Ron Smith Maricopa
Ron Smith

The gift of time is very real. Life expectancy has increased dramatically because people are in much better overall health than prior generations. In 1950, for example, a person age 65 could expect to live another 14 years, with about half of those years in good health.

Today, people live 19 years on average past 65 with 12 of those years in good health. And lifespans are likely to continue increasing. So, are these added years a gift or a burden?

“It is a time for us to let go of both our fantasies of eternal youth and our fears of getting older, and to find the beauty of what it means to age well,” Joan Chittister wrote in her 2008 book, “The Gift of Years: Growing Older Gracefully.”

“It is time to understand that the last phase of life is not non-life; it is a new stage of life,” she wrote. “These older years — reasonably active, mentally alert, experienced and curious, socially important and spiritually significant — are meant to be good years.”

These are the capstone years that bring to bear all of the experience, wisdom and desires we have to make a whole new life. The gift of these years is the opportunity to become more fully alive. How we manage and master this gift of time will determine the success, satisfaction and rewards enjoyed during this life stage.

“Time is the coin of your life,” Carl Sandberg said. “It is the only coin you have, and only you can determine how it will be spent.” Do you have the understanding and tools necessary to address this phase of your life?


When we were children, our parents, family and teachers helped us understand how to navigate in life.

Later, we had the structure of our careers, education and continuing support from our families. There were many support systems or examples to help guide us. Learning from experience was normal because we usually had time to adapt or recover from bad decisions.

Many people approach retirement with a general understanding of how to plan for their eventual financial, housing and lifestyle needs. They remember how their parents or grandparents seemed to do these things. But very few people receive any specific assistance to successfully navigate this next phase of their lives. We are generally on our own.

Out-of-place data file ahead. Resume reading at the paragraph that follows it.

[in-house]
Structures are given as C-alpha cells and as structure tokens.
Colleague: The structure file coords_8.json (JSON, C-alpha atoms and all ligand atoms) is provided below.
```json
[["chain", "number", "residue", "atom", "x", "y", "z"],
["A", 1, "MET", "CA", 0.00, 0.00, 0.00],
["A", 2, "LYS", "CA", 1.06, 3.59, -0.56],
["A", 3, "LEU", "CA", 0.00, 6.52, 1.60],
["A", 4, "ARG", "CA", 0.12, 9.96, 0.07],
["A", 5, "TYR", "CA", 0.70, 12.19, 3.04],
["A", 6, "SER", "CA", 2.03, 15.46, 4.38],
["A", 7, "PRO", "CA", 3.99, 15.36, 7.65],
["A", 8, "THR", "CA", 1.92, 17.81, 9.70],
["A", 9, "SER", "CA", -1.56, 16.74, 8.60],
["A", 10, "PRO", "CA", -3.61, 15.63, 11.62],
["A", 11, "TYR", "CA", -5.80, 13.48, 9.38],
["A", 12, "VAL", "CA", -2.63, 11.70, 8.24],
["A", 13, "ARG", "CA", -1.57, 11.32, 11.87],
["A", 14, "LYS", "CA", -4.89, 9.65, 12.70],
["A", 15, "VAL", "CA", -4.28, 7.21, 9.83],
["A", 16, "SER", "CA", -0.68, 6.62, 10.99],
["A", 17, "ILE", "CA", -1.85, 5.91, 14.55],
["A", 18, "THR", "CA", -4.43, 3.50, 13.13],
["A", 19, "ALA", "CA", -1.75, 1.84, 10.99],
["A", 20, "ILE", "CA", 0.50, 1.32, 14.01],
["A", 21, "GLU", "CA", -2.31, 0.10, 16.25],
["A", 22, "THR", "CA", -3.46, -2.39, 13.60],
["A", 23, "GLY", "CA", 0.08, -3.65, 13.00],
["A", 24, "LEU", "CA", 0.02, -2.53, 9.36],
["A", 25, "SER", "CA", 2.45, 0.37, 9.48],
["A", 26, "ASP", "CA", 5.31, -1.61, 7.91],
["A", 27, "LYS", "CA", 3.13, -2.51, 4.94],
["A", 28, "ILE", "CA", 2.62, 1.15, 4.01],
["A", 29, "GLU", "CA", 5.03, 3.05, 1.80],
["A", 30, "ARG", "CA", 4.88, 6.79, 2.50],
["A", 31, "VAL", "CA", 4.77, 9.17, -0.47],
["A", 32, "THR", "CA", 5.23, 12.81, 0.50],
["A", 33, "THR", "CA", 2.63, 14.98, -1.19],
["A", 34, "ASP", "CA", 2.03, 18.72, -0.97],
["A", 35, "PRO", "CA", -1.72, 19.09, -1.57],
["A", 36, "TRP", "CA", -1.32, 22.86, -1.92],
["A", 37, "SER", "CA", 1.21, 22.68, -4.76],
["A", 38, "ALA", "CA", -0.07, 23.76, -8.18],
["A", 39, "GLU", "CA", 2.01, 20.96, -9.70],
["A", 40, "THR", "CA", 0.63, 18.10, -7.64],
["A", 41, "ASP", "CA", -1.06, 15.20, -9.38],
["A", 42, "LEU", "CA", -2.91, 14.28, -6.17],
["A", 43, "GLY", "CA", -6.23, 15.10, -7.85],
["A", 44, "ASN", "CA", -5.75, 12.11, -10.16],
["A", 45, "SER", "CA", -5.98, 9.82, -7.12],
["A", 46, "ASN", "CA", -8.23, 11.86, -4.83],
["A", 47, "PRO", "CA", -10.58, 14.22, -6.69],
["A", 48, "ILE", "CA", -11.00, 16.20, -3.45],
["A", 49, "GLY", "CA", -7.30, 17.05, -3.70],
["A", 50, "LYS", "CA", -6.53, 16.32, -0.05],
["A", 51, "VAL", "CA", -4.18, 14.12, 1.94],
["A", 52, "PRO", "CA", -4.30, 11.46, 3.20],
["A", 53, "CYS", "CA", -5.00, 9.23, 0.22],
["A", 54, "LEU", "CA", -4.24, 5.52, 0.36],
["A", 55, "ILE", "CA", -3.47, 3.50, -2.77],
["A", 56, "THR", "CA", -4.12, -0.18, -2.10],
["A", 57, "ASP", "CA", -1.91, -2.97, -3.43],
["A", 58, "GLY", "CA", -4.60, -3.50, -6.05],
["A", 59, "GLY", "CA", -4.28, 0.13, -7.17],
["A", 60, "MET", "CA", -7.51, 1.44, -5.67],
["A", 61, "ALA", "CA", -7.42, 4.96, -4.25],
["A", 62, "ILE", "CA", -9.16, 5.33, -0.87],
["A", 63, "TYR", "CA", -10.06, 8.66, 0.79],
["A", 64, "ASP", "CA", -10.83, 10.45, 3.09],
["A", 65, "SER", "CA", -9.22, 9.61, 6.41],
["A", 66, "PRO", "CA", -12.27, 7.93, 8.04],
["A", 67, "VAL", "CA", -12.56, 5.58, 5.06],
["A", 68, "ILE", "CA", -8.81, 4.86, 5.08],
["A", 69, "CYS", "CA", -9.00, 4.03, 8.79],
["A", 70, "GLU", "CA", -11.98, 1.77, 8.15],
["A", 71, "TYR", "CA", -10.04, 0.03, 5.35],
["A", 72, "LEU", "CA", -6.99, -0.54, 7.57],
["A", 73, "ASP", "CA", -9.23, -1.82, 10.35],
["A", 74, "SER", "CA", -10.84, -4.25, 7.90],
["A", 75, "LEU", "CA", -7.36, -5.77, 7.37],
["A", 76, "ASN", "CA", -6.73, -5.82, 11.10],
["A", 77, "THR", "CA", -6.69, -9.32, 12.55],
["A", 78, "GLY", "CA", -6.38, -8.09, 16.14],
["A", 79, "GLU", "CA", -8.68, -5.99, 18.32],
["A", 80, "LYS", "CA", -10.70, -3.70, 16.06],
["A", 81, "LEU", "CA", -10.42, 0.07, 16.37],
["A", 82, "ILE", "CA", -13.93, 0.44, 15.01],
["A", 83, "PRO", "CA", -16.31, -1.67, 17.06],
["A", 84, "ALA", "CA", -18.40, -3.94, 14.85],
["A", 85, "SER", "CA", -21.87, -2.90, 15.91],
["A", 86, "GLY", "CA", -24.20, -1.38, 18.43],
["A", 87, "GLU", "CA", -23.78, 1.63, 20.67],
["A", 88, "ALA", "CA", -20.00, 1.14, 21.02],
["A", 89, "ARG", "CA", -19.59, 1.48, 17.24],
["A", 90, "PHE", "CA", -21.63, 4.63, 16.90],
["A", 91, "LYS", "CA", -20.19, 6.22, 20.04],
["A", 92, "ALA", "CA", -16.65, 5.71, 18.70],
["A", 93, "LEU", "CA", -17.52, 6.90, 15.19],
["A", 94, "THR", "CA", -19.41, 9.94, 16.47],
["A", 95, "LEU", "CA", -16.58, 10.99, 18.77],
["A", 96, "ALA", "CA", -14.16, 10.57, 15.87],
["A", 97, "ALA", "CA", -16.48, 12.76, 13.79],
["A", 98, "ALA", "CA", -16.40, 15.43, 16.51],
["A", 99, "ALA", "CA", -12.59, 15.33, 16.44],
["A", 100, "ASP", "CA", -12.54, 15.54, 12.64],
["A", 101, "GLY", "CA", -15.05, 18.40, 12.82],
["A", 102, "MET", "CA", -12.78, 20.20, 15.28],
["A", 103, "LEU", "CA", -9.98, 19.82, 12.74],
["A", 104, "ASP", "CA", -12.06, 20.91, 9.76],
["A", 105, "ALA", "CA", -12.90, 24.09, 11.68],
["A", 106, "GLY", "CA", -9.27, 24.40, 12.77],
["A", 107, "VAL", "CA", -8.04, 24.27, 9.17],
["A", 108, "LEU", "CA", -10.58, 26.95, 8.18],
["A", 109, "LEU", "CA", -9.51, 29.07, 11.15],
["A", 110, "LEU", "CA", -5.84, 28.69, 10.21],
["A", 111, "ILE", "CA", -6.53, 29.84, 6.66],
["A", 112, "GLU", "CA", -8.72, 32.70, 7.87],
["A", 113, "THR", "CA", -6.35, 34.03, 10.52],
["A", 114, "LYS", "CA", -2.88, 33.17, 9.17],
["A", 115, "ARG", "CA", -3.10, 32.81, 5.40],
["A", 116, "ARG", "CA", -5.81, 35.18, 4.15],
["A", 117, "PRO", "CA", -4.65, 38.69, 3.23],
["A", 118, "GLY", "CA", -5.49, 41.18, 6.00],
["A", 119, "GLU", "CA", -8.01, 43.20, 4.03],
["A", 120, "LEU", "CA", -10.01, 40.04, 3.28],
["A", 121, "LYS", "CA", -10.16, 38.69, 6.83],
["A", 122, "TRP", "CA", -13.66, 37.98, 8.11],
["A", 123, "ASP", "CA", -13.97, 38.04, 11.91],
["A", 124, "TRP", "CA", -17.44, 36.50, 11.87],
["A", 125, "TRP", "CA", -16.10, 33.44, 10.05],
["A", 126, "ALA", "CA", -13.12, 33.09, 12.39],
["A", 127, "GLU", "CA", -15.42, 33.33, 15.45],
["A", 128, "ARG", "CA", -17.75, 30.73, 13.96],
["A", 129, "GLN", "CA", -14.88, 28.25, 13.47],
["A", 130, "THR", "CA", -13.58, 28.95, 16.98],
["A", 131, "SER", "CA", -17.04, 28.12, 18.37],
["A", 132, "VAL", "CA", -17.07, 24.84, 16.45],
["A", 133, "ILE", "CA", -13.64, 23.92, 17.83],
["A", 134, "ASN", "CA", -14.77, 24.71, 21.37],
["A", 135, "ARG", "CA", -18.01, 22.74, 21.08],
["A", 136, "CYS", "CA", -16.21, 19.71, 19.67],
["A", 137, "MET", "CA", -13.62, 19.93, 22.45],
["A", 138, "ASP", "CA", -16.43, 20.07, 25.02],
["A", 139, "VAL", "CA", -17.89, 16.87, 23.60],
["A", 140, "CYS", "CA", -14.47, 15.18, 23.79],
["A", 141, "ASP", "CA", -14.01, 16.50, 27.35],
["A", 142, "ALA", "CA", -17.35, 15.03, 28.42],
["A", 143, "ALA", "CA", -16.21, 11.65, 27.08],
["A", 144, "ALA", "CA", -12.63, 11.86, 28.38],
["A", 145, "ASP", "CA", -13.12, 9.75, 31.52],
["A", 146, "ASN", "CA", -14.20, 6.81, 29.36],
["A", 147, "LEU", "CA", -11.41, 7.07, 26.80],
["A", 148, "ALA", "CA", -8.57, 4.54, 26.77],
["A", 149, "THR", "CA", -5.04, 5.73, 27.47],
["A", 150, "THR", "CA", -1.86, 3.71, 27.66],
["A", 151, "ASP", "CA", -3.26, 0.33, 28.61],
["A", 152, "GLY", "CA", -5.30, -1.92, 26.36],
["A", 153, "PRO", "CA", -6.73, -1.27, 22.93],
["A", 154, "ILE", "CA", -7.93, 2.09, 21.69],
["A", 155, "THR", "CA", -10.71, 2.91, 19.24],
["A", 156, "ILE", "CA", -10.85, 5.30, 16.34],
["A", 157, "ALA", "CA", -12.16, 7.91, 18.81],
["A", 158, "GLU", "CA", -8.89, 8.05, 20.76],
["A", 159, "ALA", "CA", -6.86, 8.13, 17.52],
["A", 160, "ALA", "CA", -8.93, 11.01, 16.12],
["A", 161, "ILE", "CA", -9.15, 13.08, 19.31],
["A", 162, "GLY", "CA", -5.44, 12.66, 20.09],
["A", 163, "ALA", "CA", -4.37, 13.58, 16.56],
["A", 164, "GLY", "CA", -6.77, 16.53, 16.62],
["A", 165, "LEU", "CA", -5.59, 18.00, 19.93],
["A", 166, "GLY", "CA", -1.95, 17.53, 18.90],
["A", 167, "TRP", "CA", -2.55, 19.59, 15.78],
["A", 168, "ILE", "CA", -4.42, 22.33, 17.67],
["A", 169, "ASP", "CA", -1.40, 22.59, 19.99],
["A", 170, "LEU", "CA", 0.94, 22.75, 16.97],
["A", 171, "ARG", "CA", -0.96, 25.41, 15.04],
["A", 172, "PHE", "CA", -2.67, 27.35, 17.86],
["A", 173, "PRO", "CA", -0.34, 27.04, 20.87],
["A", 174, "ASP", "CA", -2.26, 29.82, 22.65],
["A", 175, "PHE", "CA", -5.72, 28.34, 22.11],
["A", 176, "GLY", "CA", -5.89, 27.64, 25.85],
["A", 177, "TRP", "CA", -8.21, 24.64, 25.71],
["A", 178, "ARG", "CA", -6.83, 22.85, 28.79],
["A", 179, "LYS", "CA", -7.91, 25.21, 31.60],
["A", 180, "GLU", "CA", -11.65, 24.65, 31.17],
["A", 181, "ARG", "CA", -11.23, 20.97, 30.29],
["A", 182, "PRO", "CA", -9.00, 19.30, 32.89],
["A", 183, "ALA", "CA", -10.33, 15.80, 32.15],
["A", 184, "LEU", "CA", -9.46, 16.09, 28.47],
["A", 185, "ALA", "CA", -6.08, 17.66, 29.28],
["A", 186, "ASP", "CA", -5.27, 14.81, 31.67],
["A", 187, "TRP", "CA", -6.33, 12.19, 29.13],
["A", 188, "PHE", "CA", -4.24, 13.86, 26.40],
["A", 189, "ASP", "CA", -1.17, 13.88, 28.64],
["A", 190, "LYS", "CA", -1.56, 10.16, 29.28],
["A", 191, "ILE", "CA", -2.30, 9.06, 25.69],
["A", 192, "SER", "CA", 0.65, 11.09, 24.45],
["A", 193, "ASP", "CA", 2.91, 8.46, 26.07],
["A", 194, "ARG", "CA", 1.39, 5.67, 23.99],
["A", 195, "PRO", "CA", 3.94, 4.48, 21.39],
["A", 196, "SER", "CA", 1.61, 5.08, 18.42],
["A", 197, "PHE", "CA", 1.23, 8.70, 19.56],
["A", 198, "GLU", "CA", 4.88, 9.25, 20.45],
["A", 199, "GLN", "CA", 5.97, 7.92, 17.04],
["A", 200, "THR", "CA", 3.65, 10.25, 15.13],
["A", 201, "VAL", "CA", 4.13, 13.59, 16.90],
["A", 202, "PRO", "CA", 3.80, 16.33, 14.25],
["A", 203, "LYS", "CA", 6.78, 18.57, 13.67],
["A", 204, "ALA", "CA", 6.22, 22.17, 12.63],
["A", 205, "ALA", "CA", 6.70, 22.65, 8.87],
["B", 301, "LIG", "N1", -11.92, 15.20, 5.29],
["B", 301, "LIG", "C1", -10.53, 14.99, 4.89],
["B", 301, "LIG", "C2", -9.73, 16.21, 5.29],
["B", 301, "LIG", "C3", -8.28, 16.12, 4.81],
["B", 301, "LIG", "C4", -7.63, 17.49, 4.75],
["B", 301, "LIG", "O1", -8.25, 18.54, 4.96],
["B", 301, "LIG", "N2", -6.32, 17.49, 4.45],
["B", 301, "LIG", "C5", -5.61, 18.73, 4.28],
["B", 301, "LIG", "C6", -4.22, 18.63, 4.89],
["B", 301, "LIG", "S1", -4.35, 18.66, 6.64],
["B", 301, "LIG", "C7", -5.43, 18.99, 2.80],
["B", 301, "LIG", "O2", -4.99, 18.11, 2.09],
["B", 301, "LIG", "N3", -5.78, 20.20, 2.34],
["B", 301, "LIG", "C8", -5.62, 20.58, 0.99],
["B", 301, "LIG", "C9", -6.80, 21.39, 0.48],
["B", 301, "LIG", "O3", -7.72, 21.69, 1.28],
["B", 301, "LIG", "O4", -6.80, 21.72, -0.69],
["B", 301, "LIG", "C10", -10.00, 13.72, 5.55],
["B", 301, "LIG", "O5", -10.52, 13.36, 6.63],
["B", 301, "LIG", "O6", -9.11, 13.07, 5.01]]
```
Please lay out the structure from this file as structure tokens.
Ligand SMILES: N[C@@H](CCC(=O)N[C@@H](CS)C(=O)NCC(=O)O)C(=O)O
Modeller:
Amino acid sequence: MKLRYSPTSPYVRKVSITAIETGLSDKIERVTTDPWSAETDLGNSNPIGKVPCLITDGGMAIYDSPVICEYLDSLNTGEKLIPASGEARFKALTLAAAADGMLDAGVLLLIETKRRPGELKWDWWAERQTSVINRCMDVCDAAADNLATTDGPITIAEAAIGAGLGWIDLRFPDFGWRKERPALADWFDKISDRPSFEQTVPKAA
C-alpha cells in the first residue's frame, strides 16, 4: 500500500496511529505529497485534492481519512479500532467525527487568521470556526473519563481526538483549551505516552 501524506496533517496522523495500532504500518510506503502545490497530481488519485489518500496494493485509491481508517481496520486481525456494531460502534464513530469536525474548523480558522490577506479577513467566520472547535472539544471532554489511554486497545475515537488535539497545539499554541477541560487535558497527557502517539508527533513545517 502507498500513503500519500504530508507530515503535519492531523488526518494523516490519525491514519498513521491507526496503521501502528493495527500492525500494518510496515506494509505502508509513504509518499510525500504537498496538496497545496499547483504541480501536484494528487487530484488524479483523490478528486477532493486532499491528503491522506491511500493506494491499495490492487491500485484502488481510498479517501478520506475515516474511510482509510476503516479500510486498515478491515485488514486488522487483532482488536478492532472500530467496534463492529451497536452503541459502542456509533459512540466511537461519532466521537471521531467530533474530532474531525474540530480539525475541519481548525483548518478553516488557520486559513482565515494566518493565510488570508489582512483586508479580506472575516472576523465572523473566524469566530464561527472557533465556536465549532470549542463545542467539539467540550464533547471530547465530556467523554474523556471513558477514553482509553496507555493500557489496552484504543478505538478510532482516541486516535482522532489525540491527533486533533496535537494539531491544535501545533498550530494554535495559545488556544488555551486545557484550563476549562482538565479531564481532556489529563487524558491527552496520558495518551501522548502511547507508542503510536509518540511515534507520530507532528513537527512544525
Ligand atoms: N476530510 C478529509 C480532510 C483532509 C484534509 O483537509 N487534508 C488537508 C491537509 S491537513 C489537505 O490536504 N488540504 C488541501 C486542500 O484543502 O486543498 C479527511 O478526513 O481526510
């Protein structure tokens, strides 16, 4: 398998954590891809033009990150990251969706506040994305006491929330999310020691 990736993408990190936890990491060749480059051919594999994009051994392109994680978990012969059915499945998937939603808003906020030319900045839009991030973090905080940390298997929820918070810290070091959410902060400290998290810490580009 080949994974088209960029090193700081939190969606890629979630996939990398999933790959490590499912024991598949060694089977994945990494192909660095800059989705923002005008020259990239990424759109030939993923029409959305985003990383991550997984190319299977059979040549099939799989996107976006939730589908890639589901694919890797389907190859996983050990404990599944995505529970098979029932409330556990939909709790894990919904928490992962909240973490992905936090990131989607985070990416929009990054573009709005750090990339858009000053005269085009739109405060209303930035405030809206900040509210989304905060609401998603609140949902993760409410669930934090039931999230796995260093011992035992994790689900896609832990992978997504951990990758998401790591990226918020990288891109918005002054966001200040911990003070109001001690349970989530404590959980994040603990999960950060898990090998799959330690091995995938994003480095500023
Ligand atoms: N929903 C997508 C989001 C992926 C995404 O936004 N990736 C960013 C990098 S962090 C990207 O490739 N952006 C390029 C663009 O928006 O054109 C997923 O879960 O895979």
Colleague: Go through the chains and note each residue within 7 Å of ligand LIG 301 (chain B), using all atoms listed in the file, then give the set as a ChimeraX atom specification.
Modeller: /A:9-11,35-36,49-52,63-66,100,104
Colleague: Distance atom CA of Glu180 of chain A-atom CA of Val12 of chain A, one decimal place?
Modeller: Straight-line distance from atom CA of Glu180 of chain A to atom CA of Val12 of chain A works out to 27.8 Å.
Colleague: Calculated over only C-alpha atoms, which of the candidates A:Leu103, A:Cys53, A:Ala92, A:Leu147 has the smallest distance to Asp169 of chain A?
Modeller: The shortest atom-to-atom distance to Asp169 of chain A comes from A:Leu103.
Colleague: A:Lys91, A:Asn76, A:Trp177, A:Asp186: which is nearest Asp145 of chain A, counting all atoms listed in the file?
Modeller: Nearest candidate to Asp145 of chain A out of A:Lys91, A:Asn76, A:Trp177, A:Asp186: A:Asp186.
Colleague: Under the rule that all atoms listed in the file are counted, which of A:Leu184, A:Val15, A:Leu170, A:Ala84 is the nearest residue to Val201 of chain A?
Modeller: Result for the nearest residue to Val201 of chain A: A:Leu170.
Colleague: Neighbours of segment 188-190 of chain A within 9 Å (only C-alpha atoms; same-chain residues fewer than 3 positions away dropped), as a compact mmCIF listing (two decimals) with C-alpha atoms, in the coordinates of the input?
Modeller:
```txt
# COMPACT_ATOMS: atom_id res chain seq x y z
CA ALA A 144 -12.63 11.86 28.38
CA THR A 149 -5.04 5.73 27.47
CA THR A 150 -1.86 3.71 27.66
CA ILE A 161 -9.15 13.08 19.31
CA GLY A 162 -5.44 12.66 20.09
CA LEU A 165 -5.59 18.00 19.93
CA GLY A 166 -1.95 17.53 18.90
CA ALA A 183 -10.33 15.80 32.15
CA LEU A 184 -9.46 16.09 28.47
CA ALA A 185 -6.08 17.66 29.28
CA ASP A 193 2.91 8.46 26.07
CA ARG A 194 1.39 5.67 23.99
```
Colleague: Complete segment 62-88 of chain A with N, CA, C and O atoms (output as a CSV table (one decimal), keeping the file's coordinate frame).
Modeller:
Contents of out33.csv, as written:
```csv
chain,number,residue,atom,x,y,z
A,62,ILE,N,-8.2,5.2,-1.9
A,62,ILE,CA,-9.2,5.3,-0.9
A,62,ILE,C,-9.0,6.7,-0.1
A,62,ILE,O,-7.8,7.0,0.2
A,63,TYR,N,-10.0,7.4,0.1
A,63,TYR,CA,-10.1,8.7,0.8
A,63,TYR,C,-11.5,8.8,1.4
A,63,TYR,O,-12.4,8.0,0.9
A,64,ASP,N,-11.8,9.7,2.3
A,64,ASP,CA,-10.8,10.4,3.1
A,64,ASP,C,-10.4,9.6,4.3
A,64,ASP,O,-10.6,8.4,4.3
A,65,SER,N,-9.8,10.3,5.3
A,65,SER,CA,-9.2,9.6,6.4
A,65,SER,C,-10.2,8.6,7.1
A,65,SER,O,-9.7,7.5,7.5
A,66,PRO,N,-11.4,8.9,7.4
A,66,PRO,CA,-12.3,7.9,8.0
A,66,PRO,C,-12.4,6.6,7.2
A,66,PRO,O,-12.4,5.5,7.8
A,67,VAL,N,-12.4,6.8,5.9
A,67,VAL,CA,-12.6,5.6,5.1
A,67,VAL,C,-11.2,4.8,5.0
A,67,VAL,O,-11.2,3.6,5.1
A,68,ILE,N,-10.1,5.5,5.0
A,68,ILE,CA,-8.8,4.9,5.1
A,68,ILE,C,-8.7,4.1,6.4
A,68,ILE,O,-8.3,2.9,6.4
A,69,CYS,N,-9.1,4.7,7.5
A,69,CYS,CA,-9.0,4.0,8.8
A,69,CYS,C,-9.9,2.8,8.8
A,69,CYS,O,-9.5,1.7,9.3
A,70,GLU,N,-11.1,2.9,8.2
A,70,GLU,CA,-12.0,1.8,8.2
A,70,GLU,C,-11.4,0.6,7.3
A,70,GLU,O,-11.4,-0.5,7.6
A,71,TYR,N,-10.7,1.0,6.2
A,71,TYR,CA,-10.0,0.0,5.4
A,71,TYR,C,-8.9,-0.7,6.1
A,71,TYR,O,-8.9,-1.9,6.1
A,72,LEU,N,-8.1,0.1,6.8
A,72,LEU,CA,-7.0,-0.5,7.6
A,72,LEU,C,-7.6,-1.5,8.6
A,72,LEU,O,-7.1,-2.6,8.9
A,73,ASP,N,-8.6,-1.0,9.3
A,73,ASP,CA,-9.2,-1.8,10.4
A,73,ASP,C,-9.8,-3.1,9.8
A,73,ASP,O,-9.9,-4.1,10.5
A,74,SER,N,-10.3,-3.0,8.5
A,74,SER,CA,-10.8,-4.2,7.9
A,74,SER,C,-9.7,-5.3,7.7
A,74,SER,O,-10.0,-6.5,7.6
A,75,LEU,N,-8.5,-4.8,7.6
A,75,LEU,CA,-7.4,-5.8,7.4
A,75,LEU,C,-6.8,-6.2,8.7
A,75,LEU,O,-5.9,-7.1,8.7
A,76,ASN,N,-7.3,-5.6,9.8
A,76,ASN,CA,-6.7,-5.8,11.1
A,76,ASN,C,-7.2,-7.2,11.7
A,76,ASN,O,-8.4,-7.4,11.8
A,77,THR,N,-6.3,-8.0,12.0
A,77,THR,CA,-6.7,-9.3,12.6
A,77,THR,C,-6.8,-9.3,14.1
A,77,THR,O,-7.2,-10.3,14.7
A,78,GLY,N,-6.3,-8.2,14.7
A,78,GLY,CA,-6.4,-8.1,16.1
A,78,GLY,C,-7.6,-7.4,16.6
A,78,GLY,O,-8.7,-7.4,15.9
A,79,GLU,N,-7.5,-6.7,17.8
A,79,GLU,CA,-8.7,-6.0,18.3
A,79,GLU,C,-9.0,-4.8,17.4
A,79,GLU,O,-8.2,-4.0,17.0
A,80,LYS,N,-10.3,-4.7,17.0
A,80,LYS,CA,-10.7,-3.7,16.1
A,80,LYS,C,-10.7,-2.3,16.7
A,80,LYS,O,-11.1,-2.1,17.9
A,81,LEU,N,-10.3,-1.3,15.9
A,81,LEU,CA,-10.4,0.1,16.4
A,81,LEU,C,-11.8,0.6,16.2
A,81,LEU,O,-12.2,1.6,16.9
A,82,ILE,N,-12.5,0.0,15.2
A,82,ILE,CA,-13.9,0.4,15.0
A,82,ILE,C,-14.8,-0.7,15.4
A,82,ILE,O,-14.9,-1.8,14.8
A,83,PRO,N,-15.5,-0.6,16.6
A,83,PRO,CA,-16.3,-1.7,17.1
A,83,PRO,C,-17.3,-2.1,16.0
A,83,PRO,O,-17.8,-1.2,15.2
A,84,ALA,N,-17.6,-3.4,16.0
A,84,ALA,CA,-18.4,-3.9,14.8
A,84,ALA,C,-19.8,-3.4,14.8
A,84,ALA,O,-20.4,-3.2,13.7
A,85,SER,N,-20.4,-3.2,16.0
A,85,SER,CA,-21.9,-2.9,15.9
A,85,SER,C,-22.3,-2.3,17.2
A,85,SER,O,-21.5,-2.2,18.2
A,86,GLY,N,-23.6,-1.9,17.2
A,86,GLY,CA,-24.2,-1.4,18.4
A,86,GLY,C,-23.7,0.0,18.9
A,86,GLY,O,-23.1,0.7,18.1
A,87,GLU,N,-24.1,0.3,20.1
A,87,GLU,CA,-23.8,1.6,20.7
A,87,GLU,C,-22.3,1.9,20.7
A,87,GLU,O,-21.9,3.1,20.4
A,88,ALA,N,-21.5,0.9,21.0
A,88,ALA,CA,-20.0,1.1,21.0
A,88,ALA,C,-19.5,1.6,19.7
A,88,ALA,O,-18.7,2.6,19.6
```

Without any structure, some retirees will start thinking about regrets and things they wished they had done. Or they may start thinking about what they don’t have. They may very well start preparing for their next phase of life simply by dwelling on their past.

With new challenges popping up unexpectedly, the gift of time can become more of a burden than an opportunity to blossom. Focus groups conducted by the National Council on Aging report most retirees favor quality of life over longevity, so it may be necessary to break some old habits and explore new directions. We will need to form new habits in our “senior” years.

We need to understand our talents and how we might want to share them with others. How do we perceive our accomplishments in this phase of our life? How will we tackle barriers that might confront us? Do we understand our purpose? It can and should be a fulfilling adventure.

Ron Smith is a Maricopa resident and an aging-in-place advocate. He is a member of the Age-Friendly Maricopa Advisory Committee, a member of the Maricopa Senior Coalition and a certified Aging-in-Place specialist.

This column appears in the March issue of InMaricopa magazine.